by Kelly Cardamone, MS, RDN, CDCES, CDN, IFNCP

Irritable bowel syndrome (IBS), previously referred to as spastic colon or nervous bowel, is a common disorder affecting the large intestines. The Mayo Clinic says that individuals with IBS experience cramping, abdominal pain, bloating, gas, diarrhea, or constipation. Since IBS is a chronic disorder, it can last for years. However, dietary changes are often recommended to help treat symptoms. Dietary changes typically must be instituted for several weeks to see if symptoms improve.

In treating IBS patients, I recommend consuming easily digestible foods, an approach known as a low-FODMAP diet. FODMAP stands for Fermentable Oligosaccharides, Disaccharides, Monosaccharides and Polyols. FODMAPs are carbohydrates not easily digested or absorbed by the small intestines, and increase the amount of fluid in the bowel. Any undigested carbohydrates are later metabolized by intestinal bacteria in the colon, which produces excess gas, bloating, diarrhea, constipation, and abdominal pain. Harvard Medical School researchers point to a recent study which found that 76 percent of IBS patients following a low-FODMAP diet reported improvement with symptoms.

The following suggestions are often helpful for IBS patients in alleviating their symptoms with a low-FODMAP diet.

Consume less or avoid the following:

  • Lactose, which is found in cow’s milk, custard, ice cream, pudding, cottage cheese, ricotta, and mascarpone.
  • Fructose from apples, pears, peaches, cherries, mangoes, and watermelon, as well as sweeteners including honey and agave nectar.
  • Fructans in vegetables, such as artichokes, asparagus, Brussels sprouts, broccoli, beets, garlic, and onions, and also grains, such as wheat and rye.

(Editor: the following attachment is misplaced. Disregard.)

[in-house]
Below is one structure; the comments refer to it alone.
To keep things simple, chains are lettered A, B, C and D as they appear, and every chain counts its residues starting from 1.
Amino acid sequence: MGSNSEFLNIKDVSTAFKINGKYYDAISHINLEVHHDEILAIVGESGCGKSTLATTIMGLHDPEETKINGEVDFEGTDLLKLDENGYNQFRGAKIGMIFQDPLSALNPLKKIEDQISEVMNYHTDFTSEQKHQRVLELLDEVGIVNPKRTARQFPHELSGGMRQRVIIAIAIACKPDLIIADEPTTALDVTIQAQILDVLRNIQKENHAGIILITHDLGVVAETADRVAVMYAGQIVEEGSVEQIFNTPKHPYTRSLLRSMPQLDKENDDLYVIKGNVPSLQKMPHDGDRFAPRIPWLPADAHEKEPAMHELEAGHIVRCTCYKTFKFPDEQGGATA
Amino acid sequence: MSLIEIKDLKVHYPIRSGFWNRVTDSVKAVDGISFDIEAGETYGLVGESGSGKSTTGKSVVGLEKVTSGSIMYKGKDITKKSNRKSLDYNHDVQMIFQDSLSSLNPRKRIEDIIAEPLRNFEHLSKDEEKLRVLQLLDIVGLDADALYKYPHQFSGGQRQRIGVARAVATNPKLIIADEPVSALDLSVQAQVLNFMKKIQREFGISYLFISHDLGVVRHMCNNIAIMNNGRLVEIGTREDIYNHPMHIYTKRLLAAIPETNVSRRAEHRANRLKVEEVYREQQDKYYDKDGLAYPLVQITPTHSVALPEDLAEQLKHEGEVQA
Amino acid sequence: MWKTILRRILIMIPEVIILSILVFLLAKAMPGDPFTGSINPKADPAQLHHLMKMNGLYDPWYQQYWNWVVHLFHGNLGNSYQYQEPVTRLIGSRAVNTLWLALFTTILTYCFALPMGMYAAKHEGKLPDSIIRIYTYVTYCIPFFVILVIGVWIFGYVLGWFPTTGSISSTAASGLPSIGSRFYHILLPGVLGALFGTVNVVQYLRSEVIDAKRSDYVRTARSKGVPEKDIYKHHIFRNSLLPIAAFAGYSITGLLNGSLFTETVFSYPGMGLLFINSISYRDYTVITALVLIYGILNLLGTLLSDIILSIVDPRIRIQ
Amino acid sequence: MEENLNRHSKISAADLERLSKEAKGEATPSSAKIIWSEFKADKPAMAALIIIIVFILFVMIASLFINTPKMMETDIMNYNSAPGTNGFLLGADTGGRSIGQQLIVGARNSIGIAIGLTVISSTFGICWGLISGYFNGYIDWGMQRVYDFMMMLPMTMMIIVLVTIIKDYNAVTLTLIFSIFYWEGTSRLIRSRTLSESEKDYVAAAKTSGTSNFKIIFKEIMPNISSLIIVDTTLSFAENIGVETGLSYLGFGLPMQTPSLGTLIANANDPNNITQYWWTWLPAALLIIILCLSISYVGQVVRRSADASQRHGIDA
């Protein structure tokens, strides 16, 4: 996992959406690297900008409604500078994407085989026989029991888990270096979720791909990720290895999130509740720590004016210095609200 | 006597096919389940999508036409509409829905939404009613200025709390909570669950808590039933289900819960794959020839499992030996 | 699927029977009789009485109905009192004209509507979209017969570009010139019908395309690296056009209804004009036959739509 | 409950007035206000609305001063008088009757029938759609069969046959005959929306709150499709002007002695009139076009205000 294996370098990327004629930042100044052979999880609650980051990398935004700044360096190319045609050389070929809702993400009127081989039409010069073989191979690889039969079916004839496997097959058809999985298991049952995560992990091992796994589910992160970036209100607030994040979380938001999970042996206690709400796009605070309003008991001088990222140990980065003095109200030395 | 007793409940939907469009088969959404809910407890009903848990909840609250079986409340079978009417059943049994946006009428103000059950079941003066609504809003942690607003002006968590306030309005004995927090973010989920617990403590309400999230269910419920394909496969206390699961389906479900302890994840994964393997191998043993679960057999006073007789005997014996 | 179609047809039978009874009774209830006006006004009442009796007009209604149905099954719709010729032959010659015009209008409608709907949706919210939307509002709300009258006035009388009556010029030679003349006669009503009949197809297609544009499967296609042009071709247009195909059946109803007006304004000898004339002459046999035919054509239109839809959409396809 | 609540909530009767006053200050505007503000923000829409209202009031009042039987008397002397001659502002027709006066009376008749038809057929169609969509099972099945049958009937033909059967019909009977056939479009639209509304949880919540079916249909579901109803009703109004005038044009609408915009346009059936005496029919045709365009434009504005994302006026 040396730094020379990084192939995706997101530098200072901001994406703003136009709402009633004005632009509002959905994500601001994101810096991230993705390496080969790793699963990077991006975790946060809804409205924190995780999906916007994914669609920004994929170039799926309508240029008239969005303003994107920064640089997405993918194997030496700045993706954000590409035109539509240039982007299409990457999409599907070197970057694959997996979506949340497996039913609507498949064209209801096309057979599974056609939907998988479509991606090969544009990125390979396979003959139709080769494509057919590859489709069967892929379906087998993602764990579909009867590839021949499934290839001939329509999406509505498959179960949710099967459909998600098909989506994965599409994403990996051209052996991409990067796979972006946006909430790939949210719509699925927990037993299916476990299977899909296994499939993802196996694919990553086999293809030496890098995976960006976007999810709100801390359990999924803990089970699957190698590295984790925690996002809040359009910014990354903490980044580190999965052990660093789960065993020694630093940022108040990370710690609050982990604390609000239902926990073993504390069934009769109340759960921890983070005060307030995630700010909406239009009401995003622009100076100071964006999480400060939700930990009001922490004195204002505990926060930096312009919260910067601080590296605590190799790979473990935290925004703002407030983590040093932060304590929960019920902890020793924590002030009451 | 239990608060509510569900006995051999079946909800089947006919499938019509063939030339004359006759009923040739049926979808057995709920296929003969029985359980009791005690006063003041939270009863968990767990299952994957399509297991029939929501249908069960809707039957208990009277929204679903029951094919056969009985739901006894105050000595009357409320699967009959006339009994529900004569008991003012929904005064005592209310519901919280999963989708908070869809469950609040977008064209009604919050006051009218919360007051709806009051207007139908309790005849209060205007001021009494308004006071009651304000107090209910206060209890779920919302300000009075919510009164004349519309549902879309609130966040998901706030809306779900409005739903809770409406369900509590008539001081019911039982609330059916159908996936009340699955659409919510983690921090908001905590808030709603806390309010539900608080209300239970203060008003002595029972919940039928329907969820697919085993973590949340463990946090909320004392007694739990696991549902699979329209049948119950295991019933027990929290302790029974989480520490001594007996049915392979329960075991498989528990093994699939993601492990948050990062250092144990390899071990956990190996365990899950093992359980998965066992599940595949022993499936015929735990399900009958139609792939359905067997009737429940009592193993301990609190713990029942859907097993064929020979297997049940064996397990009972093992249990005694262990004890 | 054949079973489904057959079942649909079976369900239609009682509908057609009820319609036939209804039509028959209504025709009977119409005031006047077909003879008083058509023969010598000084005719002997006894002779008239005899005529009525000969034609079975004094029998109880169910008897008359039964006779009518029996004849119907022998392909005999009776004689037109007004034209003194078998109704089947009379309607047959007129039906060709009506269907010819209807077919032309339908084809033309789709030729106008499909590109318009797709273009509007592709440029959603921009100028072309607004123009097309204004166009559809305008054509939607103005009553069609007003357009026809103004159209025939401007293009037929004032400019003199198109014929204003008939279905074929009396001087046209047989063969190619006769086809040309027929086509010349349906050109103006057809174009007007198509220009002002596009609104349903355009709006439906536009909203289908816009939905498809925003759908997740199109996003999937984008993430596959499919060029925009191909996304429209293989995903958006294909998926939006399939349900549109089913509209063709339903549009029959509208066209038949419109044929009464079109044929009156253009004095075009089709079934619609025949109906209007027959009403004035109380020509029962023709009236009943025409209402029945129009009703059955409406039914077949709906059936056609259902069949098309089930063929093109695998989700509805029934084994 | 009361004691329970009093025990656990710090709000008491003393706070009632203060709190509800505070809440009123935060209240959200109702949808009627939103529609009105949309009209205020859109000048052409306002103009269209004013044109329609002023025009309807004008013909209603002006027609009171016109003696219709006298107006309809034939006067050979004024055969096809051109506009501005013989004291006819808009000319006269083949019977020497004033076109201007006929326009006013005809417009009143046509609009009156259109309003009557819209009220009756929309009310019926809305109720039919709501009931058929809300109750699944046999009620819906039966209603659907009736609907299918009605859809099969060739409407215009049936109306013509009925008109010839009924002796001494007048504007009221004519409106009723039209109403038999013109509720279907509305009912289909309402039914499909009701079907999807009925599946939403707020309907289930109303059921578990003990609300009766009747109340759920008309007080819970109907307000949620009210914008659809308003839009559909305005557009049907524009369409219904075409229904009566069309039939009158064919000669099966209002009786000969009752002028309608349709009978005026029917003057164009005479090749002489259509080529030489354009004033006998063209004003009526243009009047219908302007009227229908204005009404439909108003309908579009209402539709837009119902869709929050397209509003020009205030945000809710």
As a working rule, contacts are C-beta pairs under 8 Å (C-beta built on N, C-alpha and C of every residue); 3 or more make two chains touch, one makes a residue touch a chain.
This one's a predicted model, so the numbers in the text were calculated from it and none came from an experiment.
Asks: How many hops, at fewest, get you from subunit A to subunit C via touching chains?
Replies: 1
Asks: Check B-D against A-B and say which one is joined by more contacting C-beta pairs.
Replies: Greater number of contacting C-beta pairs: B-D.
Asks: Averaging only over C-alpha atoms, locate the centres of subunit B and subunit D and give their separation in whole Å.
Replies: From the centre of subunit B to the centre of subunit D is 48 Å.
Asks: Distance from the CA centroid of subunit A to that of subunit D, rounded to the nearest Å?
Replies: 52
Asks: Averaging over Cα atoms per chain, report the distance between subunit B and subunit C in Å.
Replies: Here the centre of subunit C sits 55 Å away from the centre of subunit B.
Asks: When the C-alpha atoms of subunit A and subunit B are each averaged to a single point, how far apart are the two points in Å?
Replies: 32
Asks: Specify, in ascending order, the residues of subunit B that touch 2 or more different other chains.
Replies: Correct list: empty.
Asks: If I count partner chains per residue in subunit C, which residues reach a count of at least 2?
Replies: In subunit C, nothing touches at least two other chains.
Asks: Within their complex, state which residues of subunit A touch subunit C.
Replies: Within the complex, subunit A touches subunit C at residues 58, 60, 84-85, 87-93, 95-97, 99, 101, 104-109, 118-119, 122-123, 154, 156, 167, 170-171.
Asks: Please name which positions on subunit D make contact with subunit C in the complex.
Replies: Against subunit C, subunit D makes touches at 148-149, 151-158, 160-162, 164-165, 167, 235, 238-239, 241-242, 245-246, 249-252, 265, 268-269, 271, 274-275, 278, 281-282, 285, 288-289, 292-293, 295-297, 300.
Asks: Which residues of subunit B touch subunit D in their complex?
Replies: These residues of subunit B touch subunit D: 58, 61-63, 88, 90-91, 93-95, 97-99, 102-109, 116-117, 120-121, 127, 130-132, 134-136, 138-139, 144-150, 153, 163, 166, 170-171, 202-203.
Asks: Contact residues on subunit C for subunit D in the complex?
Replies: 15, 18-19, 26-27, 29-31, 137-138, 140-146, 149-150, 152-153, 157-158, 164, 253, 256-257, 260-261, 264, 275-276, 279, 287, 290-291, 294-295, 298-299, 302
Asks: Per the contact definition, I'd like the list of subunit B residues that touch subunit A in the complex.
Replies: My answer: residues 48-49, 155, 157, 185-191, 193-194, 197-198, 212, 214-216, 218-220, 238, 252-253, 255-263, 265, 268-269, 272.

• Galacto-oligosaccharides from chickpeas, lentils, kidney beans, soy products, and broccoli.
  • Polyols from apples, apricots, blackberries, cherries, nectarines, pears, peaches, plums, watermelon, cauliflower, mushrooms, snowpeas, and several sweeteners such as sorbitol and xylitol.

Foods to enjoy:

  • Lactose-free milk, rice milk, almond milk, coconut milk, hard cheeses, and lactose-free yogurts.
  • Bananas, blueberries, papaya, cantaloupe, grapefruit, honeydew, kiwi, lemon, lime, oranges, and strawberries.
  • Bamboo shoots, bean sprouts, bok choy, carrots, chives, cucumbers, eggplant, ginger, lettuce, olives, parsnips, and turnips.
  • Beef, pork, chicken, fish, eggs, and tofu.
  • Almonds, brazil nuts, chestnuts, macadamia, peanuts, pecans, pine nuts, and walnuts.
  • Oats, oat bran, gluten-free pasta, sourdough bread, and quinoa.

It is helpful to speak with a dietician or doctor to experiment with dietary changes to help manage your IBS. Some individuals tolerate certain “safe” foods better than others. Also, research suggests taking a soluble fiber supplement prior to a potential trigger meal can help prevent symptoms. Avoiding cooking oil, and relying on grilling, baking, steaming, or broiling is helpful. A great resource for low-FODMAP diets and IBS is

Kelly Cardamone, MS, RDN, CDCES, CDN, IFNCP is a Registered Dietician Nutritionist, and Nutrition and Diabetes Program Manager of General Physician, PC. Learn more about her at, or call 716-631-8400 to make an appointment.